Foregathered wi’ the beast

Polson Stone

I am standing in a lay-by of the A9, 2 miles north of Brora. I am face to face, for the first time, with a stone that I encountered a photograph of a year earlier, in a book about the wondrous wildlife of Scotland.

Paving slabs ascend the bank to a hefty lump of granite that bears a sandblasted panel and an inscription. According to the words of this stone, I am in the place where the last wolf in Sutherland was killed, in about the year 1700 by a hunter called Polson. The stone explains that it was erected by the 7th Duke of Portland in 1924 to mark the place, which is known from an account written in William Scrope’s Art of Deer-Stalking (self-confessed manual for the sporting playground of the Highlands, 1838). At the foot of the oddly sloping paving slabs is a pool of stinking green water, a pile of dog turd and the tossed out detritus of long journeys made by truck; tin cans, crisp packets and plastic bottles, a whole apple withering in the mud.

I had planned to seek this stone out someday and here I was, sooner than I had imagined. My partner and our friend, an amateur film maker, stand beside me, taking in the words with scornful expressions. “Fuck you Polson”, someone says and the reverence is broken and we all start laughing.

Polson Stone last wolf

Scrope’s Art of Deer-Stalking expands, with graphic description, on the story of Sutherland’s last wolf. Polson was an old hunter with much experience in tracking and killing wolves and other predatory animals. The den was unguarded when he found it, so he sent two young lads down into the wolf’s lair to destroy her cubs. The sound of their screams bought their mother racing back to their defence:

As she attempted to leap down, at one bound Polson instinctively threw himself forward and succeeded in catching a firm hold of the animal’s long and bushy tail, just as the fore-part of her body was within the narrow entrance of the cavern. He had unluckily placed his gun against a rock when aiding the boys in their descent, and could not now reach it. Without appraising the lads below of their imminent peril, the stout hunter kept a firm grip of the Wolf’s tail, which he wound round his left arm, and although the maddened brute scrambled and twisted and strove with all her might to force herself down to the rescue of her cubs, Polson was just able, with the exertion of all his strength to keep her from going forward. In the midst of this singular struggle, which passed in silence, his son within the cave, finding the light excluded from above, asked in Gaelic, “Father, what is keeping the light from us?” “If the root of the tail breaks,” replied he, “you will soon know that.” Before long, however, the man contrived to get hold of his huntingknife, and stabbed the Wolf in the most vital parts he could reach. The enraged animal now attempted to turn and face her foe, but the hole was too narrow to allow of this; and when Polson saw his danger he squeezed her forward, keeping her jammed in whilst he repeated his stabs as rapidly as he could, until the animal being mortally wounded, was easily dragged back and finished.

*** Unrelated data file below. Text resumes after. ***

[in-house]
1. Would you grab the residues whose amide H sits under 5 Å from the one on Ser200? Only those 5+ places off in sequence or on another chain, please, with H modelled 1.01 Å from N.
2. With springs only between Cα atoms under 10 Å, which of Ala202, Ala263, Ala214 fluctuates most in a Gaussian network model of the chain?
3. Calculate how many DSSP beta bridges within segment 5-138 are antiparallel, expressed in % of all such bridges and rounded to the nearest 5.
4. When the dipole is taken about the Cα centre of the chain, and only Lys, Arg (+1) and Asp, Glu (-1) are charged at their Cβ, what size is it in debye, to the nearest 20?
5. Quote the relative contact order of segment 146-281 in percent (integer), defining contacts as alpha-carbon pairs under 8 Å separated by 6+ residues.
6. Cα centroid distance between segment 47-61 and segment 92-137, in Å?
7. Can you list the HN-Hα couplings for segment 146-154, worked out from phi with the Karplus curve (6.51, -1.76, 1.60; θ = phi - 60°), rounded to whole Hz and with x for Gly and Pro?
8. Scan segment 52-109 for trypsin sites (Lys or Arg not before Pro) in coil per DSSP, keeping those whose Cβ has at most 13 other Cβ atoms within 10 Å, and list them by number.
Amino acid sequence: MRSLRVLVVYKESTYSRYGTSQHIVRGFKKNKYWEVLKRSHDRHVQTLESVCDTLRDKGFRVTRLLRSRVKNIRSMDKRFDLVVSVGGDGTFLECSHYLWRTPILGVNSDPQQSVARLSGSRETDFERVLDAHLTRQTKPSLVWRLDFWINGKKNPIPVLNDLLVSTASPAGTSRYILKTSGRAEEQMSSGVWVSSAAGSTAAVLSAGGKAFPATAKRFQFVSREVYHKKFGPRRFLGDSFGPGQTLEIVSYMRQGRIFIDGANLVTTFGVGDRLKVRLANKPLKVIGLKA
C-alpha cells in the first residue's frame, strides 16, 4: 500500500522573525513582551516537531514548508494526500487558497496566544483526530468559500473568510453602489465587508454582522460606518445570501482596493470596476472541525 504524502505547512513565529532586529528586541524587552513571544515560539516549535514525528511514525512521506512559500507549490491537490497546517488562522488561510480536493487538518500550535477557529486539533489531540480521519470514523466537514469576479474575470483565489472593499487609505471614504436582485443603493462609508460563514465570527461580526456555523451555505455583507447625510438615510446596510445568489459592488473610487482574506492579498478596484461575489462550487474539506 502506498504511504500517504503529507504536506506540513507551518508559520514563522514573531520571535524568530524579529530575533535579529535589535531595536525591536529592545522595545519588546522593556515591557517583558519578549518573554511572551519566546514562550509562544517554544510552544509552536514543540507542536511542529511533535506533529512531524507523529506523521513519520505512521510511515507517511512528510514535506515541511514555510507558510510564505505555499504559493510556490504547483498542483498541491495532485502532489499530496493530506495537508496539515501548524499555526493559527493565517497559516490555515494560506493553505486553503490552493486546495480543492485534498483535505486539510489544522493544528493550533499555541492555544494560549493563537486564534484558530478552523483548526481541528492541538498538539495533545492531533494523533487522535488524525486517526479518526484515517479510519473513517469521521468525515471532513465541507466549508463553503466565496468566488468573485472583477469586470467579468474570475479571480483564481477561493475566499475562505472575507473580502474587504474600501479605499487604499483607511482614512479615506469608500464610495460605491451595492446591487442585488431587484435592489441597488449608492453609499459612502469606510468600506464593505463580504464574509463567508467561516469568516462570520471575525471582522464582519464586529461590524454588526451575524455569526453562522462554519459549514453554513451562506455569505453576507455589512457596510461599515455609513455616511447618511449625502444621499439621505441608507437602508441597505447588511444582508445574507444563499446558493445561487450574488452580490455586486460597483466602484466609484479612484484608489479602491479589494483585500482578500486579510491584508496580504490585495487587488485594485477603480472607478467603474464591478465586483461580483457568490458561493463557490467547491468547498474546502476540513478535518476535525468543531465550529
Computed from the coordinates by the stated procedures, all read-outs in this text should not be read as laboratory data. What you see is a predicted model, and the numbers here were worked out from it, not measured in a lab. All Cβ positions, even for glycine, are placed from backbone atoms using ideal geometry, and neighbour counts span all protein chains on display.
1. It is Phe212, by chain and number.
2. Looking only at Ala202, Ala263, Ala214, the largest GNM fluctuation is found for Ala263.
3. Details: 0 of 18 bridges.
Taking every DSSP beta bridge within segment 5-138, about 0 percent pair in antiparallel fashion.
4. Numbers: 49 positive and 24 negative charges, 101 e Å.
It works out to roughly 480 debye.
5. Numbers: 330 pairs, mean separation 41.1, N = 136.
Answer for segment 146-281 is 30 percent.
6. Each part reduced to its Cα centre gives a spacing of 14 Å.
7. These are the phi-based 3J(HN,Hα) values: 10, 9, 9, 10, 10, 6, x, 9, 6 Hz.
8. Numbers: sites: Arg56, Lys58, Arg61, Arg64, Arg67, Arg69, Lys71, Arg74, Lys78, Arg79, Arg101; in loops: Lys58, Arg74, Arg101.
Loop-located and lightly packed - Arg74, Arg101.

I wonder if that is how it went.

Since first stumbling across that photo of the Polson stone, I have been interested in the last wolf tales, riddled as they are with exaggeration; suspect stories of gargantuan wolf slayers who tear apart rabid wolves with their bare hands, great displays of machismo, strength, violence and valiant subjugation of the wild. This is the way of all those stories. As Jim Crumley remarks in his book The Last Wolf, wolf legend is a place of Goliaths.

The story has persisted for three centuries, a boastful story full of bravado intent on celebrating the virility of the hunter.

And this is the legacy of Sutherland’s last wolf.
This is how we mark the demise of an entire ecosystem.

We are becoming increasingly aware of the destructive implications of removing an animal from an ecosystem, especially a top predator. The discovery of trophic cascades demonstrates that ecosystems are principally shaped by the feeding behaviours of large herbivores and carnivores – the ‘apex consumers’– which are largely absent from today’s human-dominated ecosystems. Reintroduce the predator and trophic cascades are restored along with the balance of ecology.

My thought was to offer a memorial to the last wolf in Sutherland, a lament, a protest, a hope for the future.

So it is hardly surprising that the loss of wolves in Scotland contributed to a crippling ecological decline. Deer numbers exploded. They grazed the seedlings and the saplings down to nothing, depleted the soil through erosion and increased nitrogen and dramatically impacted the species of plants that could grow in the Highlands. They also over-browsed the trees next to rivers causing a crash in beaver numbers, destabilisation of banks and increased risk of flooding. When wolves had roamed the land they kept the deer on the move, allowing the vegetation to regenerate. Trees grew tall, a huge range of them, providing habitats for insects and songbirds and allowing beaver colonies to expand on riverbanks, which in turn created niches for otters, muskrats, fish, frogs and reptiles. The tree roots stabilised the soil, reducing erosion and movement of channels and creating a wonderful diversity of species in pools and riffles.